It is clear that in the workshopping of writing with peers, perspectives are immediate and may be affecting. For students whose first language in not English, the workshop is often a new and, initially at least, a threatening experience. These threats may be the obvious ones: lack of fluency and articulacy in the language itself, the fear of making mistakes, and having pronunciation that others find difficult. These are threats that such students perceive on a daily basis during their time in the UK. Such “language learners” may have difficulties with transactional communications, even if most of them have very high language levels. And these can be existential threats, daily transactional threats to an identity that has been acculturated over the student’s lifetime.

In terms of the academy, these threats may impinge on success in the domain. As Polly, one of my writing students, writes:

And due to the competitiveness in schools I often get disappointed when I get the English writing score from teachers because I failed to write in an academic way. Things have changed after attending [creative writing] course. I love writing the thoughts in a creative way without limiting the mind.

Polly does not yoke writing “in an academic way” with “limiting the mind”. But these thoughts do flow together for her. Polly suggests how one kind of academic literacy in one writing domain (she is from Taiwan) operates: here, competitiveness replicates and probably reinforces those binaries of “strong/weak”, “succeed/fail” we’ve seen above. Polly sees those binaries reinforced by the sense of pitting one student against another in those competitions, competitions built by the gate-keeping teachers around writing “in an academic way”. For Polly “things have changed”; the creative writing course has allowed her to think and to write her thoughts without those perceived limits. What is of further interest here is that fact that, even though she has experienced failure within one particular system, Polly has taken the opportunity to operate within a different academic domain, that of the University of Manchester. Thus academia, per se, does not seem at fault, it is the system and the field it generates which may be problematic.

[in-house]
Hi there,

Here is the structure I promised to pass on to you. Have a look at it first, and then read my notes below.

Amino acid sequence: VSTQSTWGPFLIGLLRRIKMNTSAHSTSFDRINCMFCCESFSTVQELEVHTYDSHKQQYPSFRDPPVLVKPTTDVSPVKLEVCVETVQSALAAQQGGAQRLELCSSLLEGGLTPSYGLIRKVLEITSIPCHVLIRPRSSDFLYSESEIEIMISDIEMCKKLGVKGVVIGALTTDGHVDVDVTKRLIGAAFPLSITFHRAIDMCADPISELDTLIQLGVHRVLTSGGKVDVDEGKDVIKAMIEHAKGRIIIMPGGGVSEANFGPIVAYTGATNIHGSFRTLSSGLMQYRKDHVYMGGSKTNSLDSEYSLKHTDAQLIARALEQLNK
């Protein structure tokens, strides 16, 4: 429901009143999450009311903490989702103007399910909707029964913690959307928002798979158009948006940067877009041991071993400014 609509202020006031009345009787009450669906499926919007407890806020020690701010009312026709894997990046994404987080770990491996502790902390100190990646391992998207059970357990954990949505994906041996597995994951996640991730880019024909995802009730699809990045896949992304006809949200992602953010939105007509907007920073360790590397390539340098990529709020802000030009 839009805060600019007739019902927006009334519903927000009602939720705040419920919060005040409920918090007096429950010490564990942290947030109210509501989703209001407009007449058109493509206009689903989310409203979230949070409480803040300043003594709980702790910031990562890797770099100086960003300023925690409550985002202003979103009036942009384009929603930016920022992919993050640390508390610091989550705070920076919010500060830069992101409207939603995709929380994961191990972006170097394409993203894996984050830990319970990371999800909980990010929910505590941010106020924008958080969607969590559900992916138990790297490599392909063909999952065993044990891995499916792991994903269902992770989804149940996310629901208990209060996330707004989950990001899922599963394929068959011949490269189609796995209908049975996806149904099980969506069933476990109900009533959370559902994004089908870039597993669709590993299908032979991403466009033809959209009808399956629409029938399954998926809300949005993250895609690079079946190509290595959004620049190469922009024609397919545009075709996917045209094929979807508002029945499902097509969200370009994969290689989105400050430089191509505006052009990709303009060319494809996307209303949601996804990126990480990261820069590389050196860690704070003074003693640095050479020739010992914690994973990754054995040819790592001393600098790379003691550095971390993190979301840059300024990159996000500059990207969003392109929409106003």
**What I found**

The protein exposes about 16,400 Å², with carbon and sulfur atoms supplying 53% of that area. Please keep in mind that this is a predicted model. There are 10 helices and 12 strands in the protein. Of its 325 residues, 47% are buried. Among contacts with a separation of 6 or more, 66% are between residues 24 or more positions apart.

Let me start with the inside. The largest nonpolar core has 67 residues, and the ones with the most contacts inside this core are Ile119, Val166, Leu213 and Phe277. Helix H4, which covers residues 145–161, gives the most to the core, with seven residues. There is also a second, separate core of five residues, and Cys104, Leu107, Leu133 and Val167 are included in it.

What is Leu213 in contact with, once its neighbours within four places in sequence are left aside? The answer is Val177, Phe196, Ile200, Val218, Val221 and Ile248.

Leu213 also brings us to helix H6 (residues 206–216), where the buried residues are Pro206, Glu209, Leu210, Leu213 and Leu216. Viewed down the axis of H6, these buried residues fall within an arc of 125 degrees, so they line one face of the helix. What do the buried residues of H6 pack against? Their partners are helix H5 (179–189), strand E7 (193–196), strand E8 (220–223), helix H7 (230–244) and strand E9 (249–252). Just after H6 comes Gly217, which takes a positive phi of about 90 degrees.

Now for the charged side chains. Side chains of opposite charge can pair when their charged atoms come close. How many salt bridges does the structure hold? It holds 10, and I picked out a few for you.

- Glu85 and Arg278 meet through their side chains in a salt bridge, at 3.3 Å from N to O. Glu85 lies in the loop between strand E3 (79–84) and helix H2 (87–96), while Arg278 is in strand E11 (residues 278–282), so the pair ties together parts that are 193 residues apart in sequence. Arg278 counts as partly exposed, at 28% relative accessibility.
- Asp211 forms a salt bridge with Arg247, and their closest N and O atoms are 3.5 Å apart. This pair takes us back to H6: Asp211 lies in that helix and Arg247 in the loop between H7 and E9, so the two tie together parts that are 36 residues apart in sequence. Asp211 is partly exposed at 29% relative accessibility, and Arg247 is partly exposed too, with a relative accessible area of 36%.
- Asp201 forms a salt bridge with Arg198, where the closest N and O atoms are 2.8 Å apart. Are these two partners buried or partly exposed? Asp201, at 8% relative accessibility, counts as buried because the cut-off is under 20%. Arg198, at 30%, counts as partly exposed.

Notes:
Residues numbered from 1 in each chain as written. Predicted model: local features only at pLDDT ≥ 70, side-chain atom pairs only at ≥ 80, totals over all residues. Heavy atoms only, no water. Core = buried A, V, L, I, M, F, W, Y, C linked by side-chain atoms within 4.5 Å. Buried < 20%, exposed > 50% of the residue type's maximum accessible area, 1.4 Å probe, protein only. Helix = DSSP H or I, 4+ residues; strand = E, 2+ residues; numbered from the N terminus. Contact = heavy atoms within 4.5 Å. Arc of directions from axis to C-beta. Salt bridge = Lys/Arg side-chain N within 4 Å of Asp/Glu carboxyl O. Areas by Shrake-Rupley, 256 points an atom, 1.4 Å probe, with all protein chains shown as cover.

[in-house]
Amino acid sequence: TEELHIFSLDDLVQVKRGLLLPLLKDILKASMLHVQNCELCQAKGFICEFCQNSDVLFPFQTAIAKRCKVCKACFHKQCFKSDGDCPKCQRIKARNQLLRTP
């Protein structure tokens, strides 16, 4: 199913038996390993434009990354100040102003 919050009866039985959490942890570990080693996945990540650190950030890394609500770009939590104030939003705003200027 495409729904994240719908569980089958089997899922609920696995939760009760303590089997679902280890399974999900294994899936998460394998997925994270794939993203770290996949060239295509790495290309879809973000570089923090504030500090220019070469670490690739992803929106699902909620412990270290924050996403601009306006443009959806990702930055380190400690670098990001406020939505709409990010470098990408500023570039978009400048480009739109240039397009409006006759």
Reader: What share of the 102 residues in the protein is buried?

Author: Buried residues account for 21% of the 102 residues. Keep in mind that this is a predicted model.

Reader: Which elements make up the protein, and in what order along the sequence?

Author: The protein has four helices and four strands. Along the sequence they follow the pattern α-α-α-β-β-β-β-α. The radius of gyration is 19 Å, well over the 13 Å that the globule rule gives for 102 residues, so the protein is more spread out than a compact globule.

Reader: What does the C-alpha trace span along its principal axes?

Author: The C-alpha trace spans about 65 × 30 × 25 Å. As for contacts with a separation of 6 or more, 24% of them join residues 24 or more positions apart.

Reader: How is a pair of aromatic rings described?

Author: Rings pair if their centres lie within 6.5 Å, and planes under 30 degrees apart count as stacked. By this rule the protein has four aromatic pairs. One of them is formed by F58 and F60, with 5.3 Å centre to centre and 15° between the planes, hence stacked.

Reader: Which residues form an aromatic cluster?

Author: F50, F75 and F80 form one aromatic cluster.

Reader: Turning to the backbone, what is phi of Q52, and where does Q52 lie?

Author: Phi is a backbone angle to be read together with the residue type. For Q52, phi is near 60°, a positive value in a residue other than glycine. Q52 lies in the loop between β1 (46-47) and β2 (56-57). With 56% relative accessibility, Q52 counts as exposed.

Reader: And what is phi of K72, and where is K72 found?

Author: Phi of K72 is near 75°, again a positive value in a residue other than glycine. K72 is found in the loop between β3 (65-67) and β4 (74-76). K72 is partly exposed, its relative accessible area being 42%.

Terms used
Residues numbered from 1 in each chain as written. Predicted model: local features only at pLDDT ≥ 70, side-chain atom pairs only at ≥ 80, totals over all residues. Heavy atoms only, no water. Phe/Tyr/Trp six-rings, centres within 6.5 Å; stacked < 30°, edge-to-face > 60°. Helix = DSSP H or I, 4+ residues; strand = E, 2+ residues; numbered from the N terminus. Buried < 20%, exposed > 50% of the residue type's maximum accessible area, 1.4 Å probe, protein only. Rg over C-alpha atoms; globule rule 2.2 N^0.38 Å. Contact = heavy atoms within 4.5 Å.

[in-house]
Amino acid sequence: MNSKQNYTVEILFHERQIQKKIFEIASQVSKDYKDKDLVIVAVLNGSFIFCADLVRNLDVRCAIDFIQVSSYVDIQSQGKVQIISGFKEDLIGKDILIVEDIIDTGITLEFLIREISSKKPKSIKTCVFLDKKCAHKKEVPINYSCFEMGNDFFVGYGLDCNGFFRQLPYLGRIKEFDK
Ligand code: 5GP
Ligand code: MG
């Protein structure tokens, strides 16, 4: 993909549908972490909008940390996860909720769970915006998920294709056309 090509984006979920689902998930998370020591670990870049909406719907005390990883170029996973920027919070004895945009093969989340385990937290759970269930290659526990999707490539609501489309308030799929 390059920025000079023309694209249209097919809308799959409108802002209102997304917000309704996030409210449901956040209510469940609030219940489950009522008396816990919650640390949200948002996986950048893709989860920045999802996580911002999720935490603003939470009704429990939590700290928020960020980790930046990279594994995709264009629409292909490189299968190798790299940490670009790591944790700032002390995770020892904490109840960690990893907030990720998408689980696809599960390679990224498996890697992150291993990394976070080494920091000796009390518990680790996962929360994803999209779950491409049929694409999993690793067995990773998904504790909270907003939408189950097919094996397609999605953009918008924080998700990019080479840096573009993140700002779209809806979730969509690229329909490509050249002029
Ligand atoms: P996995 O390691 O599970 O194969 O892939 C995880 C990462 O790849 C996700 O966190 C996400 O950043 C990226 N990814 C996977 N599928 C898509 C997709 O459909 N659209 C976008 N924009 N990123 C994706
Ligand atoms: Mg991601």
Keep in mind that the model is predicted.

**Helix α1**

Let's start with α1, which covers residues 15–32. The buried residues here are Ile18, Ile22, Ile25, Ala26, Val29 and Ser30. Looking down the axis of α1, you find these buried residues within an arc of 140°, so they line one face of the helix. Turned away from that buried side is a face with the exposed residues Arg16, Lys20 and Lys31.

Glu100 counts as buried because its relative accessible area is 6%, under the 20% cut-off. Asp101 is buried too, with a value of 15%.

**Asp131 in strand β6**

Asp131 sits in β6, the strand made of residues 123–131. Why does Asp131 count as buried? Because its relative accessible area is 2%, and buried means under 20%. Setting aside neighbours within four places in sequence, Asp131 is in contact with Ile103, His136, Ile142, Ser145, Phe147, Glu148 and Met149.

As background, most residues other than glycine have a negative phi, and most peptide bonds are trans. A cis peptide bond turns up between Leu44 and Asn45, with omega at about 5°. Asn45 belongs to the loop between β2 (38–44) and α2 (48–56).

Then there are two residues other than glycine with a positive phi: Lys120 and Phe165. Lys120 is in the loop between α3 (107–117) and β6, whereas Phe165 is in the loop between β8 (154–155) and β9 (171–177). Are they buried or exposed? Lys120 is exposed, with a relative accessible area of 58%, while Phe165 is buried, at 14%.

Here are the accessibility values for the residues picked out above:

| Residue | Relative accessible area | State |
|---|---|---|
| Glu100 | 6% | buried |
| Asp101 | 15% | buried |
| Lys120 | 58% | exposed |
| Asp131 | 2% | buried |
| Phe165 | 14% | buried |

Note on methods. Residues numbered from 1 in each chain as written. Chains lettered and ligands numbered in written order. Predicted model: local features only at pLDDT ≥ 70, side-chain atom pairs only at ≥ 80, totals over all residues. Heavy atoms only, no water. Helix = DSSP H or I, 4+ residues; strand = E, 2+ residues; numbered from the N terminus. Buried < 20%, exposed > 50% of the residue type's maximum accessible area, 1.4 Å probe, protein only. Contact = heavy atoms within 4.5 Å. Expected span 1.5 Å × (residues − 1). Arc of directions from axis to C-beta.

Success or failure within the domain may not always present itself as a set of binaries. Succeeding may well involve a negotiation around Lave and Wenger’s legitimate peripheral participation even at the undergraduate level. At this level, there is, perhaps, an even greater sense that identity formation and re-formation is integral to that participation. This forming may be because there is a greater sense of transition from school or work into the academy, a transition which might be seen as part of the movement to maturity involved in moving “up” into higher education. When interviewed, two students from Germany, Eva-Lotte and Lisa, suggested that pre-conceived notions of style may impinge both upon the field’s sense of itself and the identity of the novice writer. When asked about the relation of academic writing to creative writing, they commented: